The Hungarian government has recently agreed several programs to help small and medium-sized enterprises to improve their skills in innovations and apply Industry 4.0 technologies. This project provides experience and knowledge support to increase productivity and competitiveness of micro, small and medium-sized enterprises in terms of advanced technologies. Furthermore, the Digital Welfare Financial Program was launched to develop digital infrastructure and digital competencies within small and medium-sized enterprises.
Digitalisation is the integration of the technologies into people’s work and life. We believe that every business in the Baltics region can use disruption in order to improve their competitive edge.
The digital economy is a rapidly developing model of the economy that is based on the satisfaction of various needs of society and organisations as well as creation of added value by using digital technologies.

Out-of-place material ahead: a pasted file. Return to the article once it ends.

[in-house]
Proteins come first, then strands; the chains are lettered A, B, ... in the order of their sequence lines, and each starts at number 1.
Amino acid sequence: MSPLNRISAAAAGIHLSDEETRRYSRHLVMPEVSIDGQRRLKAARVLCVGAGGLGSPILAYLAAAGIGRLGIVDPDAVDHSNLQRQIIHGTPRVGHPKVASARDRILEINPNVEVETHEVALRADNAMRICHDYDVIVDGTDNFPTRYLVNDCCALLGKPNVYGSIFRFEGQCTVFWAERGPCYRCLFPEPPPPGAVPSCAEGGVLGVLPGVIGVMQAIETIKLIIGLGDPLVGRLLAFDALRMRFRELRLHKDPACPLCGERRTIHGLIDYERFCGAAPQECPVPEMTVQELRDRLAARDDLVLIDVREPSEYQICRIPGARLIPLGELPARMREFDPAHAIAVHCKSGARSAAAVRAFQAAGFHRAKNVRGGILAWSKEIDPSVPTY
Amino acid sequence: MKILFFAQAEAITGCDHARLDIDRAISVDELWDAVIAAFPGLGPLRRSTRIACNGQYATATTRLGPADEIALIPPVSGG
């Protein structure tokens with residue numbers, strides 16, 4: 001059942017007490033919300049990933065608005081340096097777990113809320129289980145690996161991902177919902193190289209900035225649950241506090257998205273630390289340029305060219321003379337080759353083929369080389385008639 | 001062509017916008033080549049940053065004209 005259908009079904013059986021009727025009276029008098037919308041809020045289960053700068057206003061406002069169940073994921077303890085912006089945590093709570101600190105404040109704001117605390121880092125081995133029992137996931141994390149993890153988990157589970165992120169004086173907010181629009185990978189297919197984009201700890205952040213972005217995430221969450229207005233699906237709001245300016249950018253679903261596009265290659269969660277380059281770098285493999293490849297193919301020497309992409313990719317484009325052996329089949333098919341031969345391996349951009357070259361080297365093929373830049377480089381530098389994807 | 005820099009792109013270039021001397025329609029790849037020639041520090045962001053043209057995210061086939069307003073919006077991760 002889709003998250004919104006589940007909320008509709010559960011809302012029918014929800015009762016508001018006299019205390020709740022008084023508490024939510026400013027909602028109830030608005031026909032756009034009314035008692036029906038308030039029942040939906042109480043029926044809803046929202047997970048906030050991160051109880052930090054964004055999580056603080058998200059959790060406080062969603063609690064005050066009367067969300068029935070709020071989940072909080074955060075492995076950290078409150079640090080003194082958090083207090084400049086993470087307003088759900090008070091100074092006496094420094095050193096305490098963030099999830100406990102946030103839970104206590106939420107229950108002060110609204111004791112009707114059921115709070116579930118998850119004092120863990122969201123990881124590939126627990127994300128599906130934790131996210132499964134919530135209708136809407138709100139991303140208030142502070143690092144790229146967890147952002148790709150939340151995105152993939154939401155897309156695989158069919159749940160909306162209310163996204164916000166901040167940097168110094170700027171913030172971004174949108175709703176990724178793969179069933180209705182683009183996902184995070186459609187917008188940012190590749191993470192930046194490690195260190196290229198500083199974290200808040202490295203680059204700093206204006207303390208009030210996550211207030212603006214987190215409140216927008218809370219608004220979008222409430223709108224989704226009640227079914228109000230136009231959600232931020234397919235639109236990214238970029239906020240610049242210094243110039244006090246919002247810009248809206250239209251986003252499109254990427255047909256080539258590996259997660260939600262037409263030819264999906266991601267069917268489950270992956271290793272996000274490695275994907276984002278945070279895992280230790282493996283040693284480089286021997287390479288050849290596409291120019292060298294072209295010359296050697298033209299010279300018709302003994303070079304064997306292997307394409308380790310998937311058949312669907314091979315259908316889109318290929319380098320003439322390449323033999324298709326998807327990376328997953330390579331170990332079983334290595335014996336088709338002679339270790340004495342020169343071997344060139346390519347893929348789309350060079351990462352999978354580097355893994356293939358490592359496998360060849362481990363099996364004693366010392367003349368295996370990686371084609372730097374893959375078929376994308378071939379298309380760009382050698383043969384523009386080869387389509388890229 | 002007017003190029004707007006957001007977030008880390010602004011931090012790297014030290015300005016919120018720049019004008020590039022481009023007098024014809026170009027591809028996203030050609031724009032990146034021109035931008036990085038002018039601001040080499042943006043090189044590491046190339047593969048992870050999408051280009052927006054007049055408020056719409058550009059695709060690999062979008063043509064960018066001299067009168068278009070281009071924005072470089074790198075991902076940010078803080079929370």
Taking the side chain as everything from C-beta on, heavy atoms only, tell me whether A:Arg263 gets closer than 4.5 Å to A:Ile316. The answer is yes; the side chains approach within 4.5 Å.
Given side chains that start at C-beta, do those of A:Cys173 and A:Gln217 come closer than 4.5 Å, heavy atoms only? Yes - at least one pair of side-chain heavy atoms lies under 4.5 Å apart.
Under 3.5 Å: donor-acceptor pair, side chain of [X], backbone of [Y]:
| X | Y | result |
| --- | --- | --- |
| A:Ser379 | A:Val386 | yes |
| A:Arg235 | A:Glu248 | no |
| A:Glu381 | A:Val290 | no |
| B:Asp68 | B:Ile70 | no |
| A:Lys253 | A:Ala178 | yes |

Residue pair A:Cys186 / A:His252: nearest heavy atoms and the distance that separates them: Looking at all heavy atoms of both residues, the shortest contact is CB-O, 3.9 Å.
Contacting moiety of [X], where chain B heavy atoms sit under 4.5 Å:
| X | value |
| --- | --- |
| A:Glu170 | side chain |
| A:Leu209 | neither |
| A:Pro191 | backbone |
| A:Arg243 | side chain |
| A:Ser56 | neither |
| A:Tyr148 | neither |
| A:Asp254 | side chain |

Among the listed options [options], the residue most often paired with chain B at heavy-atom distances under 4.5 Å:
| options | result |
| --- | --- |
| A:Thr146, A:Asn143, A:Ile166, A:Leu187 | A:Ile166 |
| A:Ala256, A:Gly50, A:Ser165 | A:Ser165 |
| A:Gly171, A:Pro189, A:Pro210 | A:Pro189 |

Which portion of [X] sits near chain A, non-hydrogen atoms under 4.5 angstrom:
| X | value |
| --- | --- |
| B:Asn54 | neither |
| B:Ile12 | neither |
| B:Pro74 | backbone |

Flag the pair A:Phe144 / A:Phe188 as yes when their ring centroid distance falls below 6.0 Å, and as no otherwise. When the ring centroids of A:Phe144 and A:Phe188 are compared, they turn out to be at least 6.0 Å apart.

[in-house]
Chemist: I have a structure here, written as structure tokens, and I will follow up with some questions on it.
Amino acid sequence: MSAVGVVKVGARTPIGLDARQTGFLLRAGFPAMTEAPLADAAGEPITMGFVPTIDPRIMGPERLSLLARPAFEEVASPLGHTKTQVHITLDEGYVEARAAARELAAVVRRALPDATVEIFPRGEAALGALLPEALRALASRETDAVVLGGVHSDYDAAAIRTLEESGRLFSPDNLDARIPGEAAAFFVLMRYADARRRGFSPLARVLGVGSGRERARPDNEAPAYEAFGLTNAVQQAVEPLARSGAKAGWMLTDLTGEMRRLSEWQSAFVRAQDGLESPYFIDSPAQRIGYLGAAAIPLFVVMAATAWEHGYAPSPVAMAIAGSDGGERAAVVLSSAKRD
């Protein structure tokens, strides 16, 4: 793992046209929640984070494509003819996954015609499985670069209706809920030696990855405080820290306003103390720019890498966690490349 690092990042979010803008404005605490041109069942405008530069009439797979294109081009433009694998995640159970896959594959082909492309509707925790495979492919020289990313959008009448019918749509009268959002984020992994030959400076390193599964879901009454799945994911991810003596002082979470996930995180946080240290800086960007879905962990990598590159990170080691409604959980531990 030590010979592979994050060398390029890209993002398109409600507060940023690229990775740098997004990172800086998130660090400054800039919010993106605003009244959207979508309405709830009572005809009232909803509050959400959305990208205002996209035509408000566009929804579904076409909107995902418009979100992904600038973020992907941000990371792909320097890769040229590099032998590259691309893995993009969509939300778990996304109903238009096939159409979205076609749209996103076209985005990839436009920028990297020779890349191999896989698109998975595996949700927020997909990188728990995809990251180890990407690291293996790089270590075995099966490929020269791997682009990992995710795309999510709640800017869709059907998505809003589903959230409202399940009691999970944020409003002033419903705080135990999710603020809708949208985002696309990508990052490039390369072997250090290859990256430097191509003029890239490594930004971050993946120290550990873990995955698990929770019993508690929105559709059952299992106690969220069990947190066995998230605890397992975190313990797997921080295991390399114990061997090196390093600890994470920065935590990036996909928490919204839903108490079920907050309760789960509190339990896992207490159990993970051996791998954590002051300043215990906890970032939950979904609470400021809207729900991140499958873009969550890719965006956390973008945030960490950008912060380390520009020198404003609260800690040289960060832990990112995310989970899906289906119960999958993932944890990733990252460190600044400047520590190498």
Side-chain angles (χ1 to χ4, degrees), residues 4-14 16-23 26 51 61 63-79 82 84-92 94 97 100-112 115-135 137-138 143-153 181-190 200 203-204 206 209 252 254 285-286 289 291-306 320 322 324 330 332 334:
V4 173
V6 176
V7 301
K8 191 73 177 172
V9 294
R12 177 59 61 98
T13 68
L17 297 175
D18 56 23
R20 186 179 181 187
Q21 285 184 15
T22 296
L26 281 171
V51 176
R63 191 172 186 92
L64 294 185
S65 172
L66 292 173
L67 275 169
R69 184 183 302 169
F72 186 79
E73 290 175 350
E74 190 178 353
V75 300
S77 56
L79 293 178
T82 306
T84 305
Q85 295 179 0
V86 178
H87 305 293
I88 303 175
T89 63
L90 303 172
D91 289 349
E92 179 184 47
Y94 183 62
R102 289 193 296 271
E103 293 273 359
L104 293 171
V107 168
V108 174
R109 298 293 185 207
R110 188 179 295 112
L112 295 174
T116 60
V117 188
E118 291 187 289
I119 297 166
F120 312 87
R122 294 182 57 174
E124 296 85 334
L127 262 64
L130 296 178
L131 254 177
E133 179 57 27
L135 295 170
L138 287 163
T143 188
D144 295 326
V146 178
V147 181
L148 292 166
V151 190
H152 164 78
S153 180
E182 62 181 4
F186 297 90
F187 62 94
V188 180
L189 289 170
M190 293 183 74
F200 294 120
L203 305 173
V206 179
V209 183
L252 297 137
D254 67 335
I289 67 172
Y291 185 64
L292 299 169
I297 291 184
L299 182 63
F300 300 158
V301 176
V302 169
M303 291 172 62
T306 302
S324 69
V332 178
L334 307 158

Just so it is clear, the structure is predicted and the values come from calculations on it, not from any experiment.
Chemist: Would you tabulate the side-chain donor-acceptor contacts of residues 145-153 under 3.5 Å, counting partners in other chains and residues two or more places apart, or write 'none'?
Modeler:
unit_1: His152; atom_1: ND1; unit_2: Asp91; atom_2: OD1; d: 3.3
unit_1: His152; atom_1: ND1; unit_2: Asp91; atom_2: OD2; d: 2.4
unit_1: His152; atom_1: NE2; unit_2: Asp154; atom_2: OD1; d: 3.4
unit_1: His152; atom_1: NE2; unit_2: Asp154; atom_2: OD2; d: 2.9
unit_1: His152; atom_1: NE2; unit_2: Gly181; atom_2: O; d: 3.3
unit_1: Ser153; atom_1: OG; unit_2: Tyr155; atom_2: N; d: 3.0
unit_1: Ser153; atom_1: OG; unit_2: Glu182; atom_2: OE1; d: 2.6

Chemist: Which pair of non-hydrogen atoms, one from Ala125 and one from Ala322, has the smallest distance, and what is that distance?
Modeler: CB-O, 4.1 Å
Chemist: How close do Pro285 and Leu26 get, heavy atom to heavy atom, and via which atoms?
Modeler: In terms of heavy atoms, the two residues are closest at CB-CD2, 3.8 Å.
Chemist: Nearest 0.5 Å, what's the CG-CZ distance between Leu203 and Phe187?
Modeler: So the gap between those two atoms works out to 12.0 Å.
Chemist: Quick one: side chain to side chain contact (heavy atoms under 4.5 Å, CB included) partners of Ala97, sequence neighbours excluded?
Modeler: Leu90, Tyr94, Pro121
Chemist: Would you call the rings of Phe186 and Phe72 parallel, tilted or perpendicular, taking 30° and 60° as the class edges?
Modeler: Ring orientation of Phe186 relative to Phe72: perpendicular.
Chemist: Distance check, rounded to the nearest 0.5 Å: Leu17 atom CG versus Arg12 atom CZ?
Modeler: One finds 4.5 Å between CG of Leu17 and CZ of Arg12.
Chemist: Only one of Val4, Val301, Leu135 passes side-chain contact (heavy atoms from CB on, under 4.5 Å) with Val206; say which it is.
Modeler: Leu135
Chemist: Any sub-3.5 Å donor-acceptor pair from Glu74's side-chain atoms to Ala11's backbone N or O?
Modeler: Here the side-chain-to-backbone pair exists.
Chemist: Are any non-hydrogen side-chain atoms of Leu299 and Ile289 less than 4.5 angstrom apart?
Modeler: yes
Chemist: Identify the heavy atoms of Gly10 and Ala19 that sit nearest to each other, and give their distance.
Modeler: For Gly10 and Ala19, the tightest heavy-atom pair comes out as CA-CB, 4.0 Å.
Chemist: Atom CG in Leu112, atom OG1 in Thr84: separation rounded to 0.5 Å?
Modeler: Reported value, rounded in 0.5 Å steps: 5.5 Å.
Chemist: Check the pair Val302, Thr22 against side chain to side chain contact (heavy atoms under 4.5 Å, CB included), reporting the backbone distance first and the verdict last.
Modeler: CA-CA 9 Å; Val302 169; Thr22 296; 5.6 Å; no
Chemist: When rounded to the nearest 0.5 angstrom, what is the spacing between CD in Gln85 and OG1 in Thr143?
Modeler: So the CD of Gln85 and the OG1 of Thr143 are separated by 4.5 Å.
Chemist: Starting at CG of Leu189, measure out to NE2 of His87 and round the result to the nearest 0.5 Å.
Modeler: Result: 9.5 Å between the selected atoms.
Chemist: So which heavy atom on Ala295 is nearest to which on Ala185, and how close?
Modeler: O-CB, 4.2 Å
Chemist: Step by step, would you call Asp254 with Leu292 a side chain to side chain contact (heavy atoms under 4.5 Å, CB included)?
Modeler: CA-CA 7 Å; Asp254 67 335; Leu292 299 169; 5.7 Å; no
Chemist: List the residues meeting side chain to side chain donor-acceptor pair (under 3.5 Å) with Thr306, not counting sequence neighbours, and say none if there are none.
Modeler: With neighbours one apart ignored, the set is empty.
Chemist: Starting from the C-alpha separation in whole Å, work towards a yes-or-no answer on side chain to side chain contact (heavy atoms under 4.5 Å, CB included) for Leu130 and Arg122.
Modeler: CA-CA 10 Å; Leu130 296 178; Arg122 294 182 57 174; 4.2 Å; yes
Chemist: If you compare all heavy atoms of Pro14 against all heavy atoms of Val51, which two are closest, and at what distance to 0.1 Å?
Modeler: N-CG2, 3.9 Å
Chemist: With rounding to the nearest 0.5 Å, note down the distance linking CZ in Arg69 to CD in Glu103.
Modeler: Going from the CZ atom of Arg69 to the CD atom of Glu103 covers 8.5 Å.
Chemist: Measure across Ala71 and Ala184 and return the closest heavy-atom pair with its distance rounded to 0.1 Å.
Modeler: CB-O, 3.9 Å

The advantages of this economic model are revealed through three mechanisms: inclusive, efficient and innovative. The inclusive mechanism is displayed through a creation of new jobs, a wider commerce market and the inclusion of society into the governance of the state.
The effective mechanism is shown through the increase in labour productivity, better capital management and the increased public sector capacity, whereas the innovative mechanism increases the satisfaction of the customers, competition amongst organisations and improves the state’s communication with society.
However, it is necessary to assess and manage the risks of this economic model, that is, the concentration that requires regulation, the inequality that needs to increase the level of society’s digital literacy and control that is diminished by accountability.